Openness, Precarity and Equity

As part of Open Education Week, the ALT Open Education SIG and Femedtech facilitated an asynchronous event Open Policy – Who cares?  The organisers invited provocations from members of the open education community in the form of Flipgrid videos and writings on femedtech.net. This Open Scotland contribution was written by Lorna M. Campbell.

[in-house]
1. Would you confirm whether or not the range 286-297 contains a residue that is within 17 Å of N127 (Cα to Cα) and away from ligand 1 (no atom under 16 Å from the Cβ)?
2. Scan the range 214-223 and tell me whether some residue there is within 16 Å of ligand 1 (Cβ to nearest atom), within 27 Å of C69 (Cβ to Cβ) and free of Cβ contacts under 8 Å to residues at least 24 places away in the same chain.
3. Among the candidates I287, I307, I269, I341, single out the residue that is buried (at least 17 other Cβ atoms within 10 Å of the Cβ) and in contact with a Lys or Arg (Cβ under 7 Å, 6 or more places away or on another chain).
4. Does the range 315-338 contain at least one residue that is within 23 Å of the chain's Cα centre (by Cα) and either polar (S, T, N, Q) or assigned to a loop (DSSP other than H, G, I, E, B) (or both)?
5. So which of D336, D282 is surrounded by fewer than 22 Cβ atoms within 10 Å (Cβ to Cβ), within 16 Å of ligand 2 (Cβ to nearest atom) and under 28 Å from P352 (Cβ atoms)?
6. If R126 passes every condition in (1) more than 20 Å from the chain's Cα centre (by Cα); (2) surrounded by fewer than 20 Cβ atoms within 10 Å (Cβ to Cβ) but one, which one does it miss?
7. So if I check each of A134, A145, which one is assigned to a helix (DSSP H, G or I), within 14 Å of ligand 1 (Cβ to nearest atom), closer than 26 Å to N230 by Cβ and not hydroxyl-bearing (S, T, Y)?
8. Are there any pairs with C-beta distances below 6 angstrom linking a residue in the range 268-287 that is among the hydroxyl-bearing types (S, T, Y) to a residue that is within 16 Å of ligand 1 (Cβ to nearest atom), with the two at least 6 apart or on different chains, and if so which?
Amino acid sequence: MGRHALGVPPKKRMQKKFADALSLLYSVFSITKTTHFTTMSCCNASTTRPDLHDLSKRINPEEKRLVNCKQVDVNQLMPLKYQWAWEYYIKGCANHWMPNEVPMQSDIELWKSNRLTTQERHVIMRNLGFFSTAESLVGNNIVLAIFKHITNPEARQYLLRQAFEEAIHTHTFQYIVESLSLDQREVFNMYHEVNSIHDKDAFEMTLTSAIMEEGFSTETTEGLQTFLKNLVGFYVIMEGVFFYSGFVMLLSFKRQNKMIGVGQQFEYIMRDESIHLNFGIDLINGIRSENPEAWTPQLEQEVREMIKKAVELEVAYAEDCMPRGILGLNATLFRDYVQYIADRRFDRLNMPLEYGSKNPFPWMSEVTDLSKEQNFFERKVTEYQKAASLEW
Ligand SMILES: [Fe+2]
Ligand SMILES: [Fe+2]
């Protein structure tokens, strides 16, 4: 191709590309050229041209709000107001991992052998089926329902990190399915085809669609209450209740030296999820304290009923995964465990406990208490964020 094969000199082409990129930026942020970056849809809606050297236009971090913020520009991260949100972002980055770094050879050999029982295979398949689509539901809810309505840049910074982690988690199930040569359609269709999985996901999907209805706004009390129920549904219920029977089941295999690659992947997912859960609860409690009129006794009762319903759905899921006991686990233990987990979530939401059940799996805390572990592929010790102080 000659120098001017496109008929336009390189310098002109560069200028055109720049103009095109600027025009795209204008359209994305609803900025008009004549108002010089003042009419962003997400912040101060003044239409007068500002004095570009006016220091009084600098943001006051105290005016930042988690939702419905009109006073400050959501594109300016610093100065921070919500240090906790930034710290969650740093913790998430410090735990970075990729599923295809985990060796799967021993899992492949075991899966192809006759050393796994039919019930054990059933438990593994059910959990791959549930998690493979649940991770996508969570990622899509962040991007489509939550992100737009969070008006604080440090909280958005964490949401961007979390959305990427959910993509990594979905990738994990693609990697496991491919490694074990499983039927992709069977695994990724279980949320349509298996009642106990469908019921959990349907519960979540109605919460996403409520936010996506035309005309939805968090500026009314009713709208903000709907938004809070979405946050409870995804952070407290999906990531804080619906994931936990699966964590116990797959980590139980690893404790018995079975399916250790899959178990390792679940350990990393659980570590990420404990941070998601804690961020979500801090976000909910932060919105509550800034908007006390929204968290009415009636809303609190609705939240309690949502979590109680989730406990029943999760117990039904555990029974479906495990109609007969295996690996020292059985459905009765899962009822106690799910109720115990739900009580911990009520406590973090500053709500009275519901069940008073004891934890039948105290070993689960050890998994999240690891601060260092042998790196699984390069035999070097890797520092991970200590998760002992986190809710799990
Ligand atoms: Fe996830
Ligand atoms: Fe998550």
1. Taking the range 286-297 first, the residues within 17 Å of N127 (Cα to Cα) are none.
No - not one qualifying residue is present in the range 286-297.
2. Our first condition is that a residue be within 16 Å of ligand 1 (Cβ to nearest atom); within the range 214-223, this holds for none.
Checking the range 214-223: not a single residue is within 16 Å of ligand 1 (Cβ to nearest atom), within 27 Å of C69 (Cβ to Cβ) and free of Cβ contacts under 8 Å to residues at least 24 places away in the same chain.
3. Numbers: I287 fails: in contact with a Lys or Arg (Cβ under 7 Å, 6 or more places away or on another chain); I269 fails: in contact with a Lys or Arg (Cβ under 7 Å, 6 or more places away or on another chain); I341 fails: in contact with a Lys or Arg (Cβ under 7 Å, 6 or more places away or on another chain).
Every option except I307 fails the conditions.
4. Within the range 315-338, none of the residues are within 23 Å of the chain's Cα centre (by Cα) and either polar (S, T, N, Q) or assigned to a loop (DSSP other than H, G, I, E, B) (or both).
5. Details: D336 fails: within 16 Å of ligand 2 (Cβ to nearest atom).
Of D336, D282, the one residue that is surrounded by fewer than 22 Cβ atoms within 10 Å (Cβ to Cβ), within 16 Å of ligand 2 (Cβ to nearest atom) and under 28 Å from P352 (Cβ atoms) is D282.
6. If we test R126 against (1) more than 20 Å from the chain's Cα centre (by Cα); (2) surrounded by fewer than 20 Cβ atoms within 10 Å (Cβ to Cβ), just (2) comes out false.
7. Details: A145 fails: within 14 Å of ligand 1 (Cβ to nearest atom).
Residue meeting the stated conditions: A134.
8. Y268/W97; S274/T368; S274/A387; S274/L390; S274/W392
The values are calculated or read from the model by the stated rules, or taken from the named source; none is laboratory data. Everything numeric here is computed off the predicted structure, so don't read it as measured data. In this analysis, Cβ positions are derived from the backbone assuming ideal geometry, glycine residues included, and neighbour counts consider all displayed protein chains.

I’ve worked in the domain of open education for over ten years now and I passionately believe that publicly funded educational resources should be freely and openly available to the public.  In fact this is one of the founding principles of the Scottish Open Education Declaration.  When we talk about open policy the focus tends to be on “open” and “free”, however I think what is critical here is “funding”, because as we all know, open does not mean free. If we want to support the creation of open knowledge and publicly funded open education resources, then the education sector has to be supported by adequate funding and, perhaps more importantly, by equitable working conditions.  And this is where problems start to arise; at a time when casualisation is endemic in the UK higher education sector, too many colleagues are employed on exploitative precarious contracts.  This is why we are currently in a period of sustained industrial action that is protesting universities’ failure to make significant improvements on pay, equality, casualisation and workloads.  If you are a teaching assistant employed on a fixed hourly rate that doesn’t even begin to cover the preparation time for creating your teaching resources and lecturing materials, it’s hard to make the case, ethically and morally, that you should release your resources under open license, because you’re effectively giving your labour away for free, and very few marginalised workers have the privilege to be able to do that. So while I still believe that we do need more policy around open education, and that we have an ethical responsibility to make publicly funded educational resources available to all, we also need equitable working conditions that will enable us all to contribute to the shared knowledge commons.